A new report compiled by British newspaper The Guardian has revealed that as many as 6,750 migrant workers died in the Gulf state of Qatar in the ten-year period from 2010 to 2020, Middle East Eye reported on Tuesday, February 23. The workers were predominantly from Bangladesh, India, Nepal, Pakistan and Sri Lanka. The report states that an average of 12 workers have died every week since December 2010 when Qatar won the rights to host the Football World Cup 2022, resulting in a massive construction and development initiative led by the Qatari government. This created the need to hire millions of migrant workers from several Asian and African countries, including some countries not included in the report.
The report relies primarily on official government data and states that 5,927 migrant workers from India, Bangladesh, Sri Lanka and Nepal have died in Qatar in the last decade, with Pakistan accounting for 824 workers’ deaths. Deaths from the final months of last year have not been included in this report, The Guardian clarified, adding that the final death toll will likely be significantly higher as the report does not include records from other Asian and African countries such as the Philippines and Kenya.
International human rights organizations and labor rights groups have repeatedly expressed concern while highlighting the mistreatment and abuse that migrant workers face in Qatar. There have been demands for the Qatari government to introduce reforms to improve the workers’ living conditions, ensure their physical well being and safety at work, and for prosecuting and penalizing individuals and entities that violate workers’ rights.
Under to the controversial Qatari Kafala system, workers were treated as virtual bonded laborers of their respective owners/bosses. The Kafala system was universally condemned, which led to the government abolishing it in September 2020. However, the government still has a long way to go to make any substantial changes or improvements in other issues related to workers’ rights, such as extremely low wages, long work shifts, delays in payment, and unsafe work conditions.
The report details how the Qatari government has been opaque when it comes to the recording of workers’ deaths. An unusually high number of workers’ deaths have been attributed to ‘natural causes,’ almost 80% in case of Indians (of a total 2,711 workers’ deaths). For India, Nepal and Sri Lanka combined, this figure stands at 69%. Among the other reasons cited in the records are deaths from multiple blunt injuries due to falling from a height, asphyxia due to hanging, and undetermined cause of death due to decomposition.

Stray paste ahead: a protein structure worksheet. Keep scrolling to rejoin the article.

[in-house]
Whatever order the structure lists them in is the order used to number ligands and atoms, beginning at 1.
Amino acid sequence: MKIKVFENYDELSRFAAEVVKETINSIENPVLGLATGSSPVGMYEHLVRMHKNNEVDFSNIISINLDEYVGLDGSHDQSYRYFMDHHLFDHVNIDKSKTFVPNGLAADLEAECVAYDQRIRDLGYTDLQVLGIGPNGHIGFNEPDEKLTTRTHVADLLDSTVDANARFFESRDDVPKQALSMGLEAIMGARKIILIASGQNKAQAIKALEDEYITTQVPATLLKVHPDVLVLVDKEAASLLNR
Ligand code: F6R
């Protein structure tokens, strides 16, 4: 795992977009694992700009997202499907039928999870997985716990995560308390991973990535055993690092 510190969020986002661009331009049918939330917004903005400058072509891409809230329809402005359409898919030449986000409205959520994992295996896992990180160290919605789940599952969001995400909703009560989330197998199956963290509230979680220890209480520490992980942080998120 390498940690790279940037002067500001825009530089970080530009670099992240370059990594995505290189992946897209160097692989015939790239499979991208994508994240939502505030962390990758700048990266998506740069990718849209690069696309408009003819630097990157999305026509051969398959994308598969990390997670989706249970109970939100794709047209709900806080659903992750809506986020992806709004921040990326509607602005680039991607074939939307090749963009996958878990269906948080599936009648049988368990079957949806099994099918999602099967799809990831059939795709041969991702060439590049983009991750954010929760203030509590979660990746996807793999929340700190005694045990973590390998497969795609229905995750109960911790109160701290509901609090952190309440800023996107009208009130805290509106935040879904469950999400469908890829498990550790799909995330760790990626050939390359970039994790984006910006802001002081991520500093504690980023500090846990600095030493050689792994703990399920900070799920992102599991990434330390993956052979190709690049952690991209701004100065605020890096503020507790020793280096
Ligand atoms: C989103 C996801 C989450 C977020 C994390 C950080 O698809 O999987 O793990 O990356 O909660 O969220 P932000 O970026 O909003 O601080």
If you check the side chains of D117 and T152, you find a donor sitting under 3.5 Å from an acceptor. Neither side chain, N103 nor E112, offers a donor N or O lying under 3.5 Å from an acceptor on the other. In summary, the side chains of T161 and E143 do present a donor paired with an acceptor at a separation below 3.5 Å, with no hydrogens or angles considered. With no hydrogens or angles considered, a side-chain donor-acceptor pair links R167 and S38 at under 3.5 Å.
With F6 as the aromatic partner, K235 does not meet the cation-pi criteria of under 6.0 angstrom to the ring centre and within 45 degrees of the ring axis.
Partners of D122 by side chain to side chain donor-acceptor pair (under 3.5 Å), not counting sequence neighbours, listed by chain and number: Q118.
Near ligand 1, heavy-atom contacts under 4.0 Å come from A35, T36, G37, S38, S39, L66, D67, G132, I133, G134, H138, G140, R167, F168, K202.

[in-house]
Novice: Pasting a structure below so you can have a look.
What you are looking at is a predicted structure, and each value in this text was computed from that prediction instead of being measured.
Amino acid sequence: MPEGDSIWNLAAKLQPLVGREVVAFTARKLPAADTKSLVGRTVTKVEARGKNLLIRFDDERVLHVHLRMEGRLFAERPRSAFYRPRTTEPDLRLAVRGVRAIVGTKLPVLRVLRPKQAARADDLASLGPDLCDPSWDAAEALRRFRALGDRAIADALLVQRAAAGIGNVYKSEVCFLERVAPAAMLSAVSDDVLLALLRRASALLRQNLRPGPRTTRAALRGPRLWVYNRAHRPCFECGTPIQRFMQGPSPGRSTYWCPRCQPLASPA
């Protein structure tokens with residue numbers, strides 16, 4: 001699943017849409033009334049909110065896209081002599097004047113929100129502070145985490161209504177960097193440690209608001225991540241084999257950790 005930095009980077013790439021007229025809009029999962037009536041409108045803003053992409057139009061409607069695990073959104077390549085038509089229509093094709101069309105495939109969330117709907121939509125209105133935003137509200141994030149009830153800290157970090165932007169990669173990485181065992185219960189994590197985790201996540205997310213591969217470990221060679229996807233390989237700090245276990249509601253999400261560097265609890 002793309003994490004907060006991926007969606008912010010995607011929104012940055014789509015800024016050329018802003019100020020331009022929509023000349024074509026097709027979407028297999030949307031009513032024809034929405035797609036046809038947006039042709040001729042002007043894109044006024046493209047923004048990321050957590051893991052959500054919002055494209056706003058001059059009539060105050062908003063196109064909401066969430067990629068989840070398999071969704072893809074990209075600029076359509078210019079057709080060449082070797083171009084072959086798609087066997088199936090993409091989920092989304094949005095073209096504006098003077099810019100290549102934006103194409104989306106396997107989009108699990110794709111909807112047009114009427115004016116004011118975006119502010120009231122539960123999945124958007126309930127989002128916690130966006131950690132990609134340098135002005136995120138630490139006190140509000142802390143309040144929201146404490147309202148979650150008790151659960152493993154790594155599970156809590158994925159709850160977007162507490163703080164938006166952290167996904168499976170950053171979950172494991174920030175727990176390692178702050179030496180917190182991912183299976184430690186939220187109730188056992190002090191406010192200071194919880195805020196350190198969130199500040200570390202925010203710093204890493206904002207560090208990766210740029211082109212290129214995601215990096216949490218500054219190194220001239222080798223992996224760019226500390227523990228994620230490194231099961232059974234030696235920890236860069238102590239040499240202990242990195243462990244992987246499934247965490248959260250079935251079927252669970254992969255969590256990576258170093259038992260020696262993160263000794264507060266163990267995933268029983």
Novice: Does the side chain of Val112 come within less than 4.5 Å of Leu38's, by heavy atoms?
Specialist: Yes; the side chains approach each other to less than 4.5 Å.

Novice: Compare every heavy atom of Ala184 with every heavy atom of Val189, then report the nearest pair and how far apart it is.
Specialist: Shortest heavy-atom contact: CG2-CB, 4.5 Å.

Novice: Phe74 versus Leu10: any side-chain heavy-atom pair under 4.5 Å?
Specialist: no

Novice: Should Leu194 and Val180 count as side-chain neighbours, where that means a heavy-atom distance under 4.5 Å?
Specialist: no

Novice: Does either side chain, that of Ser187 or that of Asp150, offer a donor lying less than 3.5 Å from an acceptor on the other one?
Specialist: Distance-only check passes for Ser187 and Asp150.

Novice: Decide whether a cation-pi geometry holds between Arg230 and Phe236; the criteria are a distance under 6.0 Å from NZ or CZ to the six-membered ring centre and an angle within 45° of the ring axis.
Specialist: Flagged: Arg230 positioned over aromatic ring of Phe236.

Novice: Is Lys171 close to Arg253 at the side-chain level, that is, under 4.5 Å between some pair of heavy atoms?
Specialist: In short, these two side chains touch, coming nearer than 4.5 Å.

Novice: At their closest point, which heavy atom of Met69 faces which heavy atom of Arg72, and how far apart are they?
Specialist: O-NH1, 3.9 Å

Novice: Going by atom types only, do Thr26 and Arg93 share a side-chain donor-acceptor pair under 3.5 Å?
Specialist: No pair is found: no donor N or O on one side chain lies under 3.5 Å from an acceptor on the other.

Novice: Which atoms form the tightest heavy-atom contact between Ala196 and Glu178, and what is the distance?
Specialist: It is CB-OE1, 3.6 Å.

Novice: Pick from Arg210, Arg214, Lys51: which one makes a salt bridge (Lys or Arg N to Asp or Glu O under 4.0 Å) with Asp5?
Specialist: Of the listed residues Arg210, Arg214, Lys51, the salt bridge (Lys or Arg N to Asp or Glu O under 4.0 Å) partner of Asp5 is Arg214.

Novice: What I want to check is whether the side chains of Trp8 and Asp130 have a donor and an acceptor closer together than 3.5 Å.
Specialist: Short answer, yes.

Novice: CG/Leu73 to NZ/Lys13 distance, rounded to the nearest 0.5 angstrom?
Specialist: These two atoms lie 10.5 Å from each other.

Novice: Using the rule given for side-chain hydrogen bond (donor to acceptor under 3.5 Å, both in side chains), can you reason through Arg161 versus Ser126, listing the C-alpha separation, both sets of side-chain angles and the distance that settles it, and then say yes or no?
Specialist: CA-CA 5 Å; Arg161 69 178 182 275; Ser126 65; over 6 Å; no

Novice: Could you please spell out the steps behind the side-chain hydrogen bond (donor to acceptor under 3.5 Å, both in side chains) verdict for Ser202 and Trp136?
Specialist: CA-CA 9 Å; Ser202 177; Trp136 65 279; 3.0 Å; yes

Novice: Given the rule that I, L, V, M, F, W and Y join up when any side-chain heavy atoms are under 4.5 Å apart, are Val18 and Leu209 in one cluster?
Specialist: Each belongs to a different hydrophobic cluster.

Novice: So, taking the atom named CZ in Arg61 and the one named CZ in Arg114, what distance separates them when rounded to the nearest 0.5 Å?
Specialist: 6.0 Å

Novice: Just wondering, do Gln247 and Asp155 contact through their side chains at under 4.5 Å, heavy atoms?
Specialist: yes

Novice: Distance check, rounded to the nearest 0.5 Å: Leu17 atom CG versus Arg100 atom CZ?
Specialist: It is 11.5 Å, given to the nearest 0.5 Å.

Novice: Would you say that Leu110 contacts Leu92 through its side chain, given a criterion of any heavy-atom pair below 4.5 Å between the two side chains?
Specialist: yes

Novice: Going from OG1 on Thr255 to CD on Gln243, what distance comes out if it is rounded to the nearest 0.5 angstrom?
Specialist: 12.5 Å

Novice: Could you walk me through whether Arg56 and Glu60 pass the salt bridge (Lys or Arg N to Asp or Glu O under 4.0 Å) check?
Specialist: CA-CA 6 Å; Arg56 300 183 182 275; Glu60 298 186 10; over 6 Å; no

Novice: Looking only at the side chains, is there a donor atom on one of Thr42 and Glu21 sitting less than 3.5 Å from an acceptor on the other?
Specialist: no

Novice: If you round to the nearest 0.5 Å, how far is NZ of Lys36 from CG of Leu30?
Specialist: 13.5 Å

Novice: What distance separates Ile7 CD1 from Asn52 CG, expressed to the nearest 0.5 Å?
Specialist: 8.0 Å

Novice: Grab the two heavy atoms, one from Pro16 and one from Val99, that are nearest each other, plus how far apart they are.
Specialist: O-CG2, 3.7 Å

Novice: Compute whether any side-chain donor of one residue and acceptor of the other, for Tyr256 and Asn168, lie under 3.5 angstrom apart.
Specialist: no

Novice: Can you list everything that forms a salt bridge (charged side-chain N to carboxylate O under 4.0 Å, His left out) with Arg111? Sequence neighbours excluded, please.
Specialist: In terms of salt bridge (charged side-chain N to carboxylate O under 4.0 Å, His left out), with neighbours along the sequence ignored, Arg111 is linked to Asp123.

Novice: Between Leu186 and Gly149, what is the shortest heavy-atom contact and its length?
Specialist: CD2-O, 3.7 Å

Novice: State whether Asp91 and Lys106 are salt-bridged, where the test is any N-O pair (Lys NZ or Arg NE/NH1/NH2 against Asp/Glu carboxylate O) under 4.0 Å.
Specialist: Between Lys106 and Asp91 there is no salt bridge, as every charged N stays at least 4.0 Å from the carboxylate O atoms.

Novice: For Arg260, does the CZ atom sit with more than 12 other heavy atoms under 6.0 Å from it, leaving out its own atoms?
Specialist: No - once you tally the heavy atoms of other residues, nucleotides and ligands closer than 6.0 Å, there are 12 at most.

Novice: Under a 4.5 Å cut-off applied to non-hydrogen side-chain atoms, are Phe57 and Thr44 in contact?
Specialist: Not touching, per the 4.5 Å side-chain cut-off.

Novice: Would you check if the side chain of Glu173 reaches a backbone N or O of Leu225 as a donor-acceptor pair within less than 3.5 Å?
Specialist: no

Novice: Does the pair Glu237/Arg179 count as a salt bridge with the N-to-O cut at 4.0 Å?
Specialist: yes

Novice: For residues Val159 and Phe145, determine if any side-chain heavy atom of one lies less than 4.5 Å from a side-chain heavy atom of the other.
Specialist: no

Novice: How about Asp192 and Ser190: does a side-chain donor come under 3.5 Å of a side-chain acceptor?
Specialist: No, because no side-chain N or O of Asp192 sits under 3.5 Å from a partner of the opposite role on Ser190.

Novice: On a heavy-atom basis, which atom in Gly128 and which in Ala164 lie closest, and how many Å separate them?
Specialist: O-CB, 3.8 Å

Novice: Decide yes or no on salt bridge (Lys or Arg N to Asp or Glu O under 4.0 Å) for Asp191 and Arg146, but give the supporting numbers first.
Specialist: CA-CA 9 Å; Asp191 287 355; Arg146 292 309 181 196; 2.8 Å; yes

The report adds that the cause of death is often determined without an autopsy being conducted. Thus, a medically valid and legitimate explanation for the underlying cause of death is seldom given. The International Labour Organization and several human rights groups have in the past claimed that many of these deaths could be a result of extreme heat stress which the workers experience while working long hours outdoors. Qatar experiences excruciating hot climate during the summer months when temperatures can reach as high as 50 degrees Celsius.
Criticizing the Qatari government, Amnesty International’s Mary Romanos said in a statement, “there is a real lack of clarity and transparency surrounding these deaths. There is a need for Qatar to strengthen its occupational health and safety standards.”
Hiba Zayadin from the Human Rights Watch also accused Qatar of “dragging its feet on this urgent and critical issue in apparent disregard for workers’ lives,” adding that “we have called on Qatar to amend its law on autopsies to require forensic investigations into all sudden or unexplained deaths, and pass legislation to require that all death certificates include reference to a medically meaningful cause of death.”
A report compiled by lawyers from the Qatari government also found various inaccuracies in the records of workers’ deaths and recommended that a study be commissioned to investigate the deaths, especially in cases of death after sudden cardiac arrest. It advised the government to amend the law to “allow for autopsies … in all cases of unexpected or sudden death.”
The Guardian report states that no action has been taken on either of the two recommendations by the government till date.